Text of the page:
8/11/2010

The Library of the Future

This just came my way from my colleague Laura Isenstein this morning and I thought it would be of interest to all of you…

These are the words of William Robinson, an architect with Engberg Anderson Design Partners from Milwaukee (WI). Enberg Anderson has years of experience in designing public libraries. He was asked this question on LinkedIn.

This is what the vision for the 21st Century Library is all about and what public library service of today and tomorrow is and will be about.

The Question: How do you imagine the library of the future?

William’s answer:

"The role of the library, particularly the Public Library (which is what I believe you are asking about) has changed incrementally over the past 20 years or so. While still the repository of literature and often special collections (local history, maritime, archival), the social aspects of the library are what set it apart from the research you can do at home via the internet, and the visit to the local bookstore (still important... keep them open). Most libraries are now recognizing the need to offer interactive learning space - shared computers for kids, vs. individual desktops; study rooms for small groups to work collaboratively or for local business startups to use for meetings; larger public meeting facilities with available technology not found at the local hotel meeting room; etc.

In addition, the library has become an increasingly social environment. A place that people meet and keep in touch with each other, especially among young people and families. In fact in many recent libraries we have designed, the spaces are now assumed to be active and "buzzing" and we are finding ourselves designing the quiet room where those who are seeking a quiet read can go - often near a fireplace and with a cup of coffee nearby.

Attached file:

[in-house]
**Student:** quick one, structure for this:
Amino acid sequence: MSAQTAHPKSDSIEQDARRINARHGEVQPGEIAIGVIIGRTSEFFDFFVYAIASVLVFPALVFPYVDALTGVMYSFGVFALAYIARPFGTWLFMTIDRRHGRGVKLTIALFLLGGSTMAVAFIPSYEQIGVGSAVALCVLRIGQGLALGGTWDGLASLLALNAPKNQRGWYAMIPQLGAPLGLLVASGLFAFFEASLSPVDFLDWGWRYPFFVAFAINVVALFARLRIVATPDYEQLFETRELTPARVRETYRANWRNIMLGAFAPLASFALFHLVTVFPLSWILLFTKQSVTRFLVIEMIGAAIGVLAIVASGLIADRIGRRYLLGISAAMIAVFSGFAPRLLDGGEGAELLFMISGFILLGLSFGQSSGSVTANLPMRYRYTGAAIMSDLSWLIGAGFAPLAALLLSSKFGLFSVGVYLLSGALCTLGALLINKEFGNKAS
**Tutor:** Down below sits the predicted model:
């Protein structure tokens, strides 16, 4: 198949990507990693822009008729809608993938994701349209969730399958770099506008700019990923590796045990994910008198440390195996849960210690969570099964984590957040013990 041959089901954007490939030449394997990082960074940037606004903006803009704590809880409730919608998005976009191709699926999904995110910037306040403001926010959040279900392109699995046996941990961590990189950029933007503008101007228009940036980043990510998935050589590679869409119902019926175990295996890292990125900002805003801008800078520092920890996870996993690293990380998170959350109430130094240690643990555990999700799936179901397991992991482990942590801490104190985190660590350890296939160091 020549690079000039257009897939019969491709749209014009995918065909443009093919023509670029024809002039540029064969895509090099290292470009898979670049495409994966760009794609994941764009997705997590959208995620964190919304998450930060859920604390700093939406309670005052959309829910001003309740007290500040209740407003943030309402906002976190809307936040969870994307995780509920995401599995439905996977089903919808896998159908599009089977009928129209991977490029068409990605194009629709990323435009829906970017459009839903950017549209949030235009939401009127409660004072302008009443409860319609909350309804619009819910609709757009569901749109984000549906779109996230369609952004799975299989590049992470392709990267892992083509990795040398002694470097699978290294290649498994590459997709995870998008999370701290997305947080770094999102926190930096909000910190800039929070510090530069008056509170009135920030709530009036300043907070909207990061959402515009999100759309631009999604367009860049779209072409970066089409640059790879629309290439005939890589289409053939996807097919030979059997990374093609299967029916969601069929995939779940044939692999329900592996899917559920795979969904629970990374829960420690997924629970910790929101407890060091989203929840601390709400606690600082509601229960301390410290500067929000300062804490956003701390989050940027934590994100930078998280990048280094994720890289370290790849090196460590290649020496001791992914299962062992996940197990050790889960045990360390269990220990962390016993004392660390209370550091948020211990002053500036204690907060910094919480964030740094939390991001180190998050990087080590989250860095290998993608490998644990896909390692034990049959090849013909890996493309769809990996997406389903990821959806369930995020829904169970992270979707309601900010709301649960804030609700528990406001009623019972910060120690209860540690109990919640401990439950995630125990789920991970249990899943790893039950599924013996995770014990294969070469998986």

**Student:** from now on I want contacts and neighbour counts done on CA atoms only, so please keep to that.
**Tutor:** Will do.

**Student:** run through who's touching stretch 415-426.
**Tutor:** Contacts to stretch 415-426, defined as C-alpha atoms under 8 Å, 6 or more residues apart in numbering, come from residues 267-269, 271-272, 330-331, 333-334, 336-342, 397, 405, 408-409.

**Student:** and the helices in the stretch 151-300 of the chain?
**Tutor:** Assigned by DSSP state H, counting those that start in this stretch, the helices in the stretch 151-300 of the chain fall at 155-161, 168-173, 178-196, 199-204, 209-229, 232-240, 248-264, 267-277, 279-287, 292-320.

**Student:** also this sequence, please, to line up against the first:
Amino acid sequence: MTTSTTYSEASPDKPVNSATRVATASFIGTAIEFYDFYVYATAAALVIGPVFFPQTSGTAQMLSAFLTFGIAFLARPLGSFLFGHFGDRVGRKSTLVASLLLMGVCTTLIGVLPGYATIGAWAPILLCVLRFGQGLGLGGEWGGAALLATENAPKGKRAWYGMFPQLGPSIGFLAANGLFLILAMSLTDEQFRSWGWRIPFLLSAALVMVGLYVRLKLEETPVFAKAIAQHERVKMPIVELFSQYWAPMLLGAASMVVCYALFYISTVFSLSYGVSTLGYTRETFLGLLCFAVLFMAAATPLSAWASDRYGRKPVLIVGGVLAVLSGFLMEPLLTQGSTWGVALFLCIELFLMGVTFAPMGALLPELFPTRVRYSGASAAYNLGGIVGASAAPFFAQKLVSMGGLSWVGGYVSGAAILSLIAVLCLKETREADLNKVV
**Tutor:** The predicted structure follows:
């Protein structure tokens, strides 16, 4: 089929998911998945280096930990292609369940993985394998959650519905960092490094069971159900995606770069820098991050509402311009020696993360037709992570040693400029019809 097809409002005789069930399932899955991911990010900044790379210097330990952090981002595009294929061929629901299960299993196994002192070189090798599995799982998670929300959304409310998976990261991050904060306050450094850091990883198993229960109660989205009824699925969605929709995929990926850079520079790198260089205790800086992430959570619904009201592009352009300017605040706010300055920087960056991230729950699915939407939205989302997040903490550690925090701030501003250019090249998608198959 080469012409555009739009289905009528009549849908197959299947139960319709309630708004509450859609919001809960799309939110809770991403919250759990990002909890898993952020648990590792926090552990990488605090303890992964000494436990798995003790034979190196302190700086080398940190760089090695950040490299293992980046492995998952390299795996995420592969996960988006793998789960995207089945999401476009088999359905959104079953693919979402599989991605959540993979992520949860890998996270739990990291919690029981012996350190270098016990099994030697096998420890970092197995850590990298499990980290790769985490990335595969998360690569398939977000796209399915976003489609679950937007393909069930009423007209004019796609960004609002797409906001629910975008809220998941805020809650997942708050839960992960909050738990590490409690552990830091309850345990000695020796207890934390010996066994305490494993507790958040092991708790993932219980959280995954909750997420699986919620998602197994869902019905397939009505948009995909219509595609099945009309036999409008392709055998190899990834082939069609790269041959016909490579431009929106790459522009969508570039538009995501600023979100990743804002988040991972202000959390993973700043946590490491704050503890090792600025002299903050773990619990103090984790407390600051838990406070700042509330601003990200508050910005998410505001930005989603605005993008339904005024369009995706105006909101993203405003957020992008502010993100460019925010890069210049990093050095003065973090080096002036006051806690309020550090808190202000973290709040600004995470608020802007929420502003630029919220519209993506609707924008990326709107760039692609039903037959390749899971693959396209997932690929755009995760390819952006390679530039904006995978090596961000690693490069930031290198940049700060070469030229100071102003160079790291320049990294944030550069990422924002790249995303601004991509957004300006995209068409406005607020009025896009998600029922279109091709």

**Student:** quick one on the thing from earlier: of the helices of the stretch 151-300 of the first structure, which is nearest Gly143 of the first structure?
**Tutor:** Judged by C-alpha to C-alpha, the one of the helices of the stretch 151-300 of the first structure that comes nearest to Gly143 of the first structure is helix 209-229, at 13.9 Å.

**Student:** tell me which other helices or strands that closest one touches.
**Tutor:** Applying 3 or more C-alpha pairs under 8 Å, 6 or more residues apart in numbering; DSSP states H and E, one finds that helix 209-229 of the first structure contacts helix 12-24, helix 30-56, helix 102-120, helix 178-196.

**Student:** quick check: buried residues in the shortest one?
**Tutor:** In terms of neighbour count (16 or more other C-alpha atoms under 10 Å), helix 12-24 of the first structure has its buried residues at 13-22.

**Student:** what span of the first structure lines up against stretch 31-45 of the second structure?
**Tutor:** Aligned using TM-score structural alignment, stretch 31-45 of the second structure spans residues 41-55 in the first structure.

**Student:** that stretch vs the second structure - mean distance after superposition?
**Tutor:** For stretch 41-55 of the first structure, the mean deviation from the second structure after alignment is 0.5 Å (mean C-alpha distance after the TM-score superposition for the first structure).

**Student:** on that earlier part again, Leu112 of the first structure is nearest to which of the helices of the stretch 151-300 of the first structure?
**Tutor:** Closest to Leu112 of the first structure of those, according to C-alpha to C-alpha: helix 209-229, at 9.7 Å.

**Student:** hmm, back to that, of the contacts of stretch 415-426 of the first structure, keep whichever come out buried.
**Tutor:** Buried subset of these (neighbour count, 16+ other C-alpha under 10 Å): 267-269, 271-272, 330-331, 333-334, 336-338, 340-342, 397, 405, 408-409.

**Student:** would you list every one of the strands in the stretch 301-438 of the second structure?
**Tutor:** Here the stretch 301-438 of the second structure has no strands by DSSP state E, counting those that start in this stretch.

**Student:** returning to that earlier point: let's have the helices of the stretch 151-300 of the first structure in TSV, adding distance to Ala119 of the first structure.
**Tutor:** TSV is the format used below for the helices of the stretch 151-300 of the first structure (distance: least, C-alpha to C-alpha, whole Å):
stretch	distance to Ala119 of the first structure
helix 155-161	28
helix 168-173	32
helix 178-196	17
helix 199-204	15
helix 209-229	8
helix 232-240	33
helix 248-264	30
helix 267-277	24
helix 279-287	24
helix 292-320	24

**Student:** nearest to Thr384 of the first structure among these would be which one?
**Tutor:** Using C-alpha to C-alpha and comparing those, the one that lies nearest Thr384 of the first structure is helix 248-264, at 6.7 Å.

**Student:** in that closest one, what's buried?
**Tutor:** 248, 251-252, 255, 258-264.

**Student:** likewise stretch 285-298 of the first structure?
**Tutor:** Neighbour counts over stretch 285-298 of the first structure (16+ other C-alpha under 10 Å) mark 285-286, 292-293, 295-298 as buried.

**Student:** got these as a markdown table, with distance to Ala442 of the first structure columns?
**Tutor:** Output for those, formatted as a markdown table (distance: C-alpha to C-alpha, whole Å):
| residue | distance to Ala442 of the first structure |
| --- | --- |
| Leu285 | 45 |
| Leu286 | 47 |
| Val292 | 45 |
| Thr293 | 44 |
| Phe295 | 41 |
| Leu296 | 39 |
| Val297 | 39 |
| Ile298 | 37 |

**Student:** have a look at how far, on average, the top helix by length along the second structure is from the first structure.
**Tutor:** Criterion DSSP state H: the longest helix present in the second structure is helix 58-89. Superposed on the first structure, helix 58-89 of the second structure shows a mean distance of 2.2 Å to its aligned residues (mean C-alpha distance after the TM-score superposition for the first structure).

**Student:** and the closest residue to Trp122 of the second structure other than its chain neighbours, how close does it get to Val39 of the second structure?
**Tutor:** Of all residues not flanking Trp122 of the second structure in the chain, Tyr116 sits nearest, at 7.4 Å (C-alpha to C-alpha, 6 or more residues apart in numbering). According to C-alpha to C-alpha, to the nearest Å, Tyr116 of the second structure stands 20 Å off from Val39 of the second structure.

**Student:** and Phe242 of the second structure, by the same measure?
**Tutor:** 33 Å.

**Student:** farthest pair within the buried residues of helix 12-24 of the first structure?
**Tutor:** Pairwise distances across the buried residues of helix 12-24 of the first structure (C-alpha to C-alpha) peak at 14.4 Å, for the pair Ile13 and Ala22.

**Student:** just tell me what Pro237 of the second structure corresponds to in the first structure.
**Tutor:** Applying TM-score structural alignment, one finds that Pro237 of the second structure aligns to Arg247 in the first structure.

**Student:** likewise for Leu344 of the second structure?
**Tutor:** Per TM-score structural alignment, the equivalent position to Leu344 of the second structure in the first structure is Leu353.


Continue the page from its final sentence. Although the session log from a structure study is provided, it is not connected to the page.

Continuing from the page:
In addition, with the abundance of internet data out there, and students increasingly seeing Google as the source of all wisdom and knowledge, experienced library staff are an invaluable resource for helping teach "how to research" as opposed to just "where", by helping students discern credible information and how to cross reference sources of information.

Third, the library is the last great social equalizer in most communities. It is the one place that is owned by all the people, and truly accessible to all. Libraries may become the last bastion of truly neutral discourse as the media increasingly delivers information mixed with opinion and bias. And libraries will continue to bring people together, through programming for all ages, and through access to shared resources, in a way that no other private facility can do. They will remain the center of a community. So the shelves of books may decrease, and many may be replaced by shared electronic resources, but the need for space where a community can gather, interact, communicate and learn together will continue to grow.

The role of the librarian will continue to evolve, but remain as vital as ever, and the facilities themselves will change from the shelving-filled warehouses for information that many once were, to the truly active and alive center of the community.

2 comments:

  1. Kim,

    How does this connect with the results of the Seattle PL user survey just reported on in Hotline that showed 94% of all respondents said that one of the two most important library servcies is providing materials, while providing access to technology services came in at 48%?